The new framework for civil service recruitment will be rolling out from next month, CSW understands, with all departments expected to have taken on the new model by early 2019.
Civil service chief executive John Manzoni announced plans to reform recruitment processes last week saying the new system would “allow us to evaluate candidates on what they have done before, what their actual experience, behaviours and values are – rather than on how they answer a competency questionnaire”.
From next month, departments will begin using new success profiles model rather than the competency-based recruitment system which was introduced in 2012.
CSW understands that the success profiles include five areas on which candidates can be assessed: behaviours; strengths; ability – which will include potential ability as assessed by aptitude tests, for example; experience and technical skills.
Not all areas will be relevant for each job so vacancy holders will be able to decide which areas they should consider for each post. For example, experience may not be considered for an apprenticeship role, but would be for a more senior post.
Supporting documents will be made available to define civil service behaviors and strengths, and CSW understands that these definitions will build on some of the existing competencies, such as seeing the big picture or managing a quality service.
Success profiles have been developed under the ‘Attract and Retain Talent’ strand of the 2016 Civil Service Workforce Plan. The plan committed to “moving away from the competency framework, to a more meaningful and business focused framework of assessment”.
A Cabinet Office spokesperson told CSW: “To deliver a modern, fairer and more inclusive approach to selection, we have listened to feedback and have been looking to make positive changes to the way the civil service recruits. We have worked extensively with staff groups and recruitment experts, both inside and outside the civil service, to ensure we learned from best practice and develop an approach that will work for everyone.”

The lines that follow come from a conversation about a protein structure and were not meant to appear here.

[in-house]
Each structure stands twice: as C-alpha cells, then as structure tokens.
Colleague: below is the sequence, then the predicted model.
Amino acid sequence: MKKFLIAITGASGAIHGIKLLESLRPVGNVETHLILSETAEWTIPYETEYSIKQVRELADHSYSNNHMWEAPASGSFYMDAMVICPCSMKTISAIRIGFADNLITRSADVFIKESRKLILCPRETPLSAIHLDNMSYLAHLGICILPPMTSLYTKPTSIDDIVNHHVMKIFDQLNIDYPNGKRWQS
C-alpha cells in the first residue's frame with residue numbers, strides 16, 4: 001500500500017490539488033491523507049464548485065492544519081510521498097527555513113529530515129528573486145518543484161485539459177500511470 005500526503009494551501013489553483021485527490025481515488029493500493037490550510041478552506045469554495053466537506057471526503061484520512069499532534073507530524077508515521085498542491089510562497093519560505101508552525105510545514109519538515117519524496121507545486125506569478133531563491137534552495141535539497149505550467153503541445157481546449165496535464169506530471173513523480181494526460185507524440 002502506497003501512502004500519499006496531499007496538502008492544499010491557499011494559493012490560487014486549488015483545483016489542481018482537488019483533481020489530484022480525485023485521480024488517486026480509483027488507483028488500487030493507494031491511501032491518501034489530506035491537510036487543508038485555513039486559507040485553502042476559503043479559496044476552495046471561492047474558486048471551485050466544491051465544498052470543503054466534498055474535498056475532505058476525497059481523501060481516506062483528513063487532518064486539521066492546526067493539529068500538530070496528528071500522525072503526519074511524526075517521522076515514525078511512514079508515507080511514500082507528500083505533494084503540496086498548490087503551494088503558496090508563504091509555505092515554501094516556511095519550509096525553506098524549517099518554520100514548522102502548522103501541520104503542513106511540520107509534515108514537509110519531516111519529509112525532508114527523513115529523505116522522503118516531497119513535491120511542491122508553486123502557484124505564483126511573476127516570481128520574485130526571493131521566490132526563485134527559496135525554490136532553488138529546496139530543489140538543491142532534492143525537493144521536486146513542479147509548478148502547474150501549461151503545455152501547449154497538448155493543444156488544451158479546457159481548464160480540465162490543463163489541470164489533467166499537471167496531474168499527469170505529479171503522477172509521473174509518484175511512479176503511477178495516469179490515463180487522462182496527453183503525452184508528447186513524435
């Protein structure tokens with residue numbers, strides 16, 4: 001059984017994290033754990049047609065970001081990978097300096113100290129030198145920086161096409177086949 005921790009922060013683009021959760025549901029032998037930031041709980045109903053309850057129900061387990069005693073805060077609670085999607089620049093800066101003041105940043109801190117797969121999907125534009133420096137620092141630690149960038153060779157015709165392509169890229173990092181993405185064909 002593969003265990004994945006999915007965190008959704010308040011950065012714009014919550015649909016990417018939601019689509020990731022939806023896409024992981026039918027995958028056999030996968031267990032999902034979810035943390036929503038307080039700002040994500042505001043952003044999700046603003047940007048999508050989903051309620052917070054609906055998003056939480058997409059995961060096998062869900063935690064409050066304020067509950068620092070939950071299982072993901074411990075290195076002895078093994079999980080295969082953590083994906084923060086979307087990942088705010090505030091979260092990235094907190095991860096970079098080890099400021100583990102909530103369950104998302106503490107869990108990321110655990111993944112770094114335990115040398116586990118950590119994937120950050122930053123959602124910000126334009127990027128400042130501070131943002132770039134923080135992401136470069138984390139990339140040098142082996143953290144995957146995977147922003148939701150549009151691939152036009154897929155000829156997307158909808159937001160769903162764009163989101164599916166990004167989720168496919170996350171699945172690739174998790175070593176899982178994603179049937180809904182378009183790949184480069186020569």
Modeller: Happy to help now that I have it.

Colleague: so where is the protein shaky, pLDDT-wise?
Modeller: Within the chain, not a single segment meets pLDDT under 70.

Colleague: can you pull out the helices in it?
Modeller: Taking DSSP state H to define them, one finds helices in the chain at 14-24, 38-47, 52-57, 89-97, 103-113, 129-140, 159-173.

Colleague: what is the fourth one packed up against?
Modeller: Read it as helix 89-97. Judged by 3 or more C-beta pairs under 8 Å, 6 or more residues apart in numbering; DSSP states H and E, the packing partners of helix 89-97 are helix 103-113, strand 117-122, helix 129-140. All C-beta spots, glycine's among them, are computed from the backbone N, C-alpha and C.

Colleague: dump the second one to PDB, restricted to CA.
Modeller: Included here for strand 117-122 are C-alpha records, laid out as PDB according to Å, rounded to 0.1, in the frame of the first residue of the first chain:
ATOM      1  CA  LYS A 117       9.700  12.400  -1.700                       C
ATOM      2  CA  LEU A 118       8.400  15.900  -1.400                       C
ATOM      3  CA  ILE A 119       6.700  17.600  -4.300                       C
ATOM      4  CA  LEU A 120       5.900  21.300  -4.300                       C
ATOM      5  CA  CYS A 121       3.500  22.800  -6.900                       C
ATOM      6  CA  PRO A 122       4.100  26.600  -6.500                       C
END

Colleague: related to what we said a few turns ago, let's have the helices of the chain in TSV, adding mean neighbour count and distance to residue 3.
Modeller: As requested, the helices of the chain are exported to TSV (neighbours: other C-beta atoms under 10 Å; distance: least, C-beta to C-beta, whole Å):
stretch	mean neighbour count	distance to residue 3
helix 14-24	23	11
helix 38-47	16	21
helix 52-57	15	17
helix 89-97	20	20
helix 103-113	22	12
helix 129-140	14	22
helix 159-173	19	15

Dave Allen, neogtiations officer from Prospect union, said he "cautiously welcomed" the reforms, adding that the old competency framework could be gamed by some people while others struggled to demonstrate their skills with the framework.
He added, however that there must be proper support for staff and managers as the new system is implemented.
“We recognise [the new system] will require quite a culture change,” he said, “and it will need quite an educational piece to support that.”
He said that the union had concerns about the speed of the roll-out, given the scale of changes, and would be carefully monitoring results in the pilot departments which are moving to the new scheme first.
Neil Rider, head of FDALearn and Keyskills at the FDA union said of the new recruitment system: “We see this as a positive development – looking not just at what people have done but their potential to do well based on their abilities, qualifications and personal strengths as well as their experience. Our members are often frustrated at their chances of getting onto a shortlist being based on how well they can frame a 250-word example.”
He adds that the new approach address recommendations in the 2016 Bridge Report that called for a more strengths-based assessment system to help improve socio-economic diversity in the civil service.
“We welcome the flexibility that means new entrants are not expected to have the same level of experience as older or more experienced candidates for roles (such as apprenticeships) where that is not a reasonable requirement,” Rider said.
He added, however, that the FDA is “keen that the system is used to its fullest extent to support older and long-standing workers in ensuring their experience is held to be valuable especially in workforce change situations".
“The FDA represents a high number of professionals and we welcome a system that gives their expertise the weight it deserves.”
Rider also noted that the FDA believes training and recruitment systems should be connected across the public sector so to create greater opportunities to access training from and move between different public services.